In 2009, Avatar by James Cameron became an amazing success. Not only at the box office — in which it marked a milestone — but also in its visual section. As if that weren’t enough, he also tackled with a brilliant plot tour how Jack Sully (Sam Worthington) ends up becoming a Na’vi. But when did Jack Sully become an inhabitant of Pandora? It is a question that could define some of the things that will show avatar 2: the path of water.
A process that implied a long and deep spiritual journey that culminated in the moment in which he left his body and human history. It is a transcendental moment, which It also allowed the character to show one of the strongest points of Avatar. His exploration of the link between nature, life and the aspiration to hope that sustains the story.
In several of the trailers for Avatar 2: the path of water, it has been possible to see an entire army of Na’vi avatars, facing the natives of the planet. Is it just another group of artificially bodied creatures created to be controlled by human means?
However, the possibility of the cruel Colonel Quaritch (Stephen Lang) returning could open up other possibilities. After all, the character was left for dead at the end of the first installment of Avatar. So his return can only occur if he occupies a Na’vi body. On the same terms as Jack Sully? This is a curious question that could reshape some of the original approaches to the work of James Cameron.
A journey into the mysteries of Avatar 2
As will be remembered, in the final scenes of Avatar, Jack Sully decides to remain on Pandora and become a Na’vi. Until then, the character had used an artificial body to be part of the tribe. But finally, he makes the momentous decision to transfer his soul to the organism and join the inhabitants of Pandora.
It is a transcendent ritual that takes place in the sacred place of the Na’vi, known as Tree of the Soul. In fact, the phenomenon is only possible when the entire population of the tribe unites and manages to link Jack Sully with his new body in a definitive way. The phenomenon is found in the middle of a sacramental act, but also with an organic fact. After all, The Na’vi are physically linked to the fauna and flora of their planet through a total organic connection.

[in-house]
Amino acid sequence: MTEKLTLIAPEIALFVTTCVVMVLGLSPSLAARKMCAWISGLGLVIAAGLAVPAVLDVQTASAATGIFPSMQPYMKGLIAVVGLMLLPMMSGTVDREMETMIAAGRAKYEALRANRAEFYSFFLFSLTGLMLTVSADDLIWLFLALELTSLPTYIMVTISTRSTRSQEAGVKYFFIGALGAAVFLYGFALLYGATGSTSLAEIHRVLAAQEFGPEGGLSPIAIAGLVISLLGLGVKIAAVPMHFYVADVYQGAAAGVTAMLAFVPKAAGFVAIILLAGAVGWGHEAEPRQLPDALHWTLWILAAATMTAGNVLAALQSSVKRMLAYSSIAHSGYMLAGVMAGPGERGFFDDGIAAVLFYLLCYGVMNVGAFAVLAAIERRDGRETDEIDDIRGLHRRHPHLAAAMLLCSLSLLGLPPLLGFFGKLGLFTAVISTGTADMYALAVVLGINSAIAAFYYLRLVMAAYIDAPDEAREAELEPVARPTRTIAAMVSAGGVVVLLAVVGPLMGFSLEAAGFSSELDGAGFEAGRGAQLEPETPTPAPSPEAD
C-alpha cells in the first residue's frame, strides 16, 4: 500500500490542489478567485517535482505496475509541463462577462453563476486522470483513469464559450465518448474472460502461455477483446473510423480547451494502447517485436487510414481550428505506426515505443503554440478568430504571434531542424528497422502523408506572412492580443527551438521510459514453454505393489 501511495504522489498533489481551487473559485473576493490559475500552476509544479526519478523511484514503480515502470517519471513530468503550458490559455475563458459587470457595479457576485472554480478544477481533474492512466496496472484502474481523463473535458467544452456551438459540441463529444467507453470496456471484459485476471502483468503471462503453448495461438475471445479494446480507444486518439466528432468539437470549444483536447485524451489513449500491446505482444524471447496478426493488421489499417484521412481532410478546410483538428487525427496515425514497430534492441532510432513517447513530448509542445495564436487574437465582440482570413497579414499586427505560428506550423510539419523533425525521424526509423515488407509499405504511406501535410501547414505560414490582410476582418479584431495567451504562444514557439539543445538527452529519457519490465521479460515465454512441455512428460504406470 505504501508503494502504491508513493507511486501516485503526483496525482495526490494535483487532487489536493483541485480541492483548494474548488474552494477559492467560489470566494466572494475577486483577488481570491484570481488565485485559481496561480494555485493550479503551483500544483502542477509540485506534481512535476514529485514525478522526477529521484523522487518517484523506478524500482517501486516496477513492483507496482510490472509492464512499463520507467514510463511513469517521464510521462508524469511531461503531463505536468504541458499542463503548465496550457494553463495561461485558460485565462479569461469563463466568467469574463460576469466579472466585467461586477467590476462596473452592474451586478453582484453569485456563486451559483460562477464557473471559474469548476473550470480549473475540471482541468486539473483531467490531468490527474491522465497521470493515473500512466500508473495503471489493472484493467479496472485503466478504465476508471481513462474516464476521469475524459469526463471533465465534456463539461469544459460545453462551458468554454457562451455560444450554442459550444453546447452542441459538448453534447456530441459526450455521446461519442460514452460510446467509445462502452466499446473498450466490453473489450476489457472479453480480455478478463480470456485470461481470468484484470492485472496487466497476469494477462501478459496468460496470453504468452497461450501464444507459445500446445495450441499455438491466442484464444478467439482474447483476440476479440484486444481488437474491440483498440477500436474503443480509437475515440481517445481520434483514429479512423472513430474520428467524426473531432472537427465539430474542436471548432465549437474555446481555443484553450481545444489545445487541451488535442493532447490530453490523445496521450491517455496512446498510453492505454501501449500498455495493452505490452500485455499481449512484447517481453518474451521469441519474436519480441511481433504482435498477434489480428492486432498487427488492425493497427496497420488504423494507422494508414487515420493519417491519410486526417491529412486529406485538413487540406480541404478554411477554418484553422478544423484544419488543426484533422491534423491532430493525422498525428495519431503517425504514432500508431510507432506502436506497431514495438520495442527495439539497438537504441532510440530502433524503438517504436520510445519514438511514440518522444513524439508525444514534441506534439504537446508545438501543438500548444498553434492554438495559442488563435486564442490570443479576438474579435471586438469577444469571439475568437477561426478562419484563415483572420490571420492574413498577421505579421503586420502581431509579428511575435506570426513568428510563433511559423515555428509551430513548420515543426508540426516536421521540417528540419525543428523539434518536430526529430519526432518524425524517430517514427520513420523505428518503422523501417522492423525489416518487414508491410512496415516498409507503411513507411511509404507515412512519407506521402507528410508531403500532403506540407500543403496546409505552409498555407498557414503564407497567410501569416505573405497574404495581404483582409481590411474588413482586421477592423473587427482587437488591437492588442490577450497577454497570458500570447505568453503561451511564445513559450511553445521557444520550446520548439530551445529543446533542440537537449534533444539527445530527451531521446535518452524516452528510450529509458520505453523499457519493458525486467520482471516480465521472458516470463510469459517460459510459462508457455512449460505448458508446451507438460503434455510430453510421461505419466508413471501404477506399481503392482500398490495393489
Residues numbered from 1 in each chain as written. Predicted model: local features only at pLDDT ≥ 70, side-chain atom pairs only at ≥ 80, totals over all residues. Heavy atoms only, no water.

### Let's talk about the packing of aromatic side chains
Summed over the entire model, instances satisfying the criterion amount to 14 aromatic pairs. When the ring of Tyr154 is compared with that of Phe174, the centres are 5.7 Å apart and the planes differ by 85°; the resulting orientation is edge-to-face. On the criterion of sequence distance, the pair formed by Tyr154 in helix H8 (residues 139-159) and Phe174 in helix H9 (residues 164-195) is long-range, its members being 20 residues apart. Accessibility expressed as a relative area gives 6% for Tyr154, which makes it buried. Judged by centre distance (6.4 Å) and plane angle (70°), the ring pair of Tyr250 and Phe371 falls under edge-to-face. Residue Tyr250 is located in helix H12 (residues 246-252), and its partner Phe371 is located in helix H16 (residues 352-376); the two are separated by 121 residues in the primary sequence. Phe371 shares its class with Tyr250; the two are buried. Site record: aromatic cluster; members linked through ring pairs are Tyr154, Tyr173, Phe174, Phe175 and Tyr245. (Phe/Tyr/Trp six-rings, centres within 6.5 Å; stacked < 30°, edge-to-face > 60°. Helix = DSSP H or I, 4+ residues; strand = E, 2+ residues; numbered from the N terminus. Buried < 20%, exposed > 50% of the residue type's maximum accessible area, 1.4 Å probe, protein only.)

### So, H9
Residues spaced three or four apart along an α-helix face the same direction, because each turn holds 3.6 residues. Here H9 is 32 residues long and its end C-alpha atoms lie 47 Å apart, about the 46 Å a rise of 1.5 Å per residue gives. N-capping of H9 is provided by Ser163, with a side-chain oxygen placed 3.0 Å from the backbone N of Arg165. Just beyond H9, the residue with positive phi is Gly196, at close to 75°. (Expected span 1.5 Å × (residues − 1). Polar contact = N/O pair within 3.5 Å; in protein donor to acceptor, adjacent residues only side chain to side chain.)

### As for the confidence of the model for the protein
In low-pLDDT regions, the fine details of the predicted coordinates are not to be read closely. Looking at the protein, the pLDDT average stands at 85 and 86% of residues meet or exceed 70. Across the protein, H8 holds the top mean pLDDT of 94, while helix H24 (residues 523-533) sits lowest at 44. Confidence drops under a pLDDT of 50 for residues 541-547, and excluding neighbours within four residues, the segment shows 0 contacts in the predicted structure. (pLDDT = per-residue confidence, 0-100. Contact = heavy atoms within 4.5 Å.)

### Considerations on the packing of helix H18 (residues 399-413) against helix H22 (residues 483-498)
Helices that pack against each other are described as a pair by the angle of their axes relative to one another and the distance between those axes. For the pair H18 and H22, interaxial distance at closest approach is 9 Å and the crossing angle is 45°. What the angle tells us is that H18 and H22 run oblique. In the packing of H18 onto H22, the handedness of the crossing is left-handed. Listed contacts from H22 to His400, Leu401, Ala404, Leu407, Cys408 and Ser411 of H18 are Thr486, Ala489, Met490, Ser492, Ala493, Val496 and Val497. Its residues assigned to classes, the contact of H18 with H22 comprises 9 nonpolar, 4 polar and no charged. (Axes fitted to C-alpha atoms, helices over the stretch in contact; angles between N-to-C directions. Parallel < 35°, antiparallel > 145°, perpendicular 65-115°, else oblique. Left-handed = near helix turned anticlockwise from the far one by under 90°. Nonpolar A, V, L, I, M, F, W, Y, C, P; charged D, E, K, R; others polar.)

So the big question is how Colonel Quaritch manages to emulate or live a similar experience. Did the invading troops manage to replicate the phenomenon? In any case, refine its essential elements to achieve a similar result? The question could also explain the return of the character of Sigourney Weaver, left for dead in the first part of Avatar. In the case of Dr. Grace Augustine played by the actress, the circumstance is even stranger.
The great exceptions to a mystery
After Grace was injured, the Na’vi tribe tried to help her through a ritual similar to the one that would later be carried out with Jack Sully. Only in the case of Weaver’s character, the result failed. Finally, his essence ended up being absorbed by the Tree of Life.
Which makes it clear that it is not always a precise method and that there are consistent variations between its different applications. Even more curious, that the memory (identity or soul) of Grace began to form part of the nature of Pandora. How did he manage to take a body again to avatar 2?
What was the mechanism that allowed him to return with a Na’vi body, now younger and linked to a family? Does it mean that the process that Jack Sully underwent can be carried out in different ways? At least one thing is clear: the return of Colonel Quaritch is more than just a concession to the script. It is also a demonstration of the infinite perceptions and variations of the nature of Pandora that will encompass Avatar 2: the Path of Water.
An essential point is that knowledge about Pandora and its highly specialized nature as an ecosystem seems to have increased. So much so that the villain of Avatar return through a natural process artificially replicated in Avatar 2: the path of water. At least, that’s the big takeaway from looking at the unique elements of the upcoming story. Another point of interest in what appears to be the great sci-fi movie of the year, and perhaps the decade.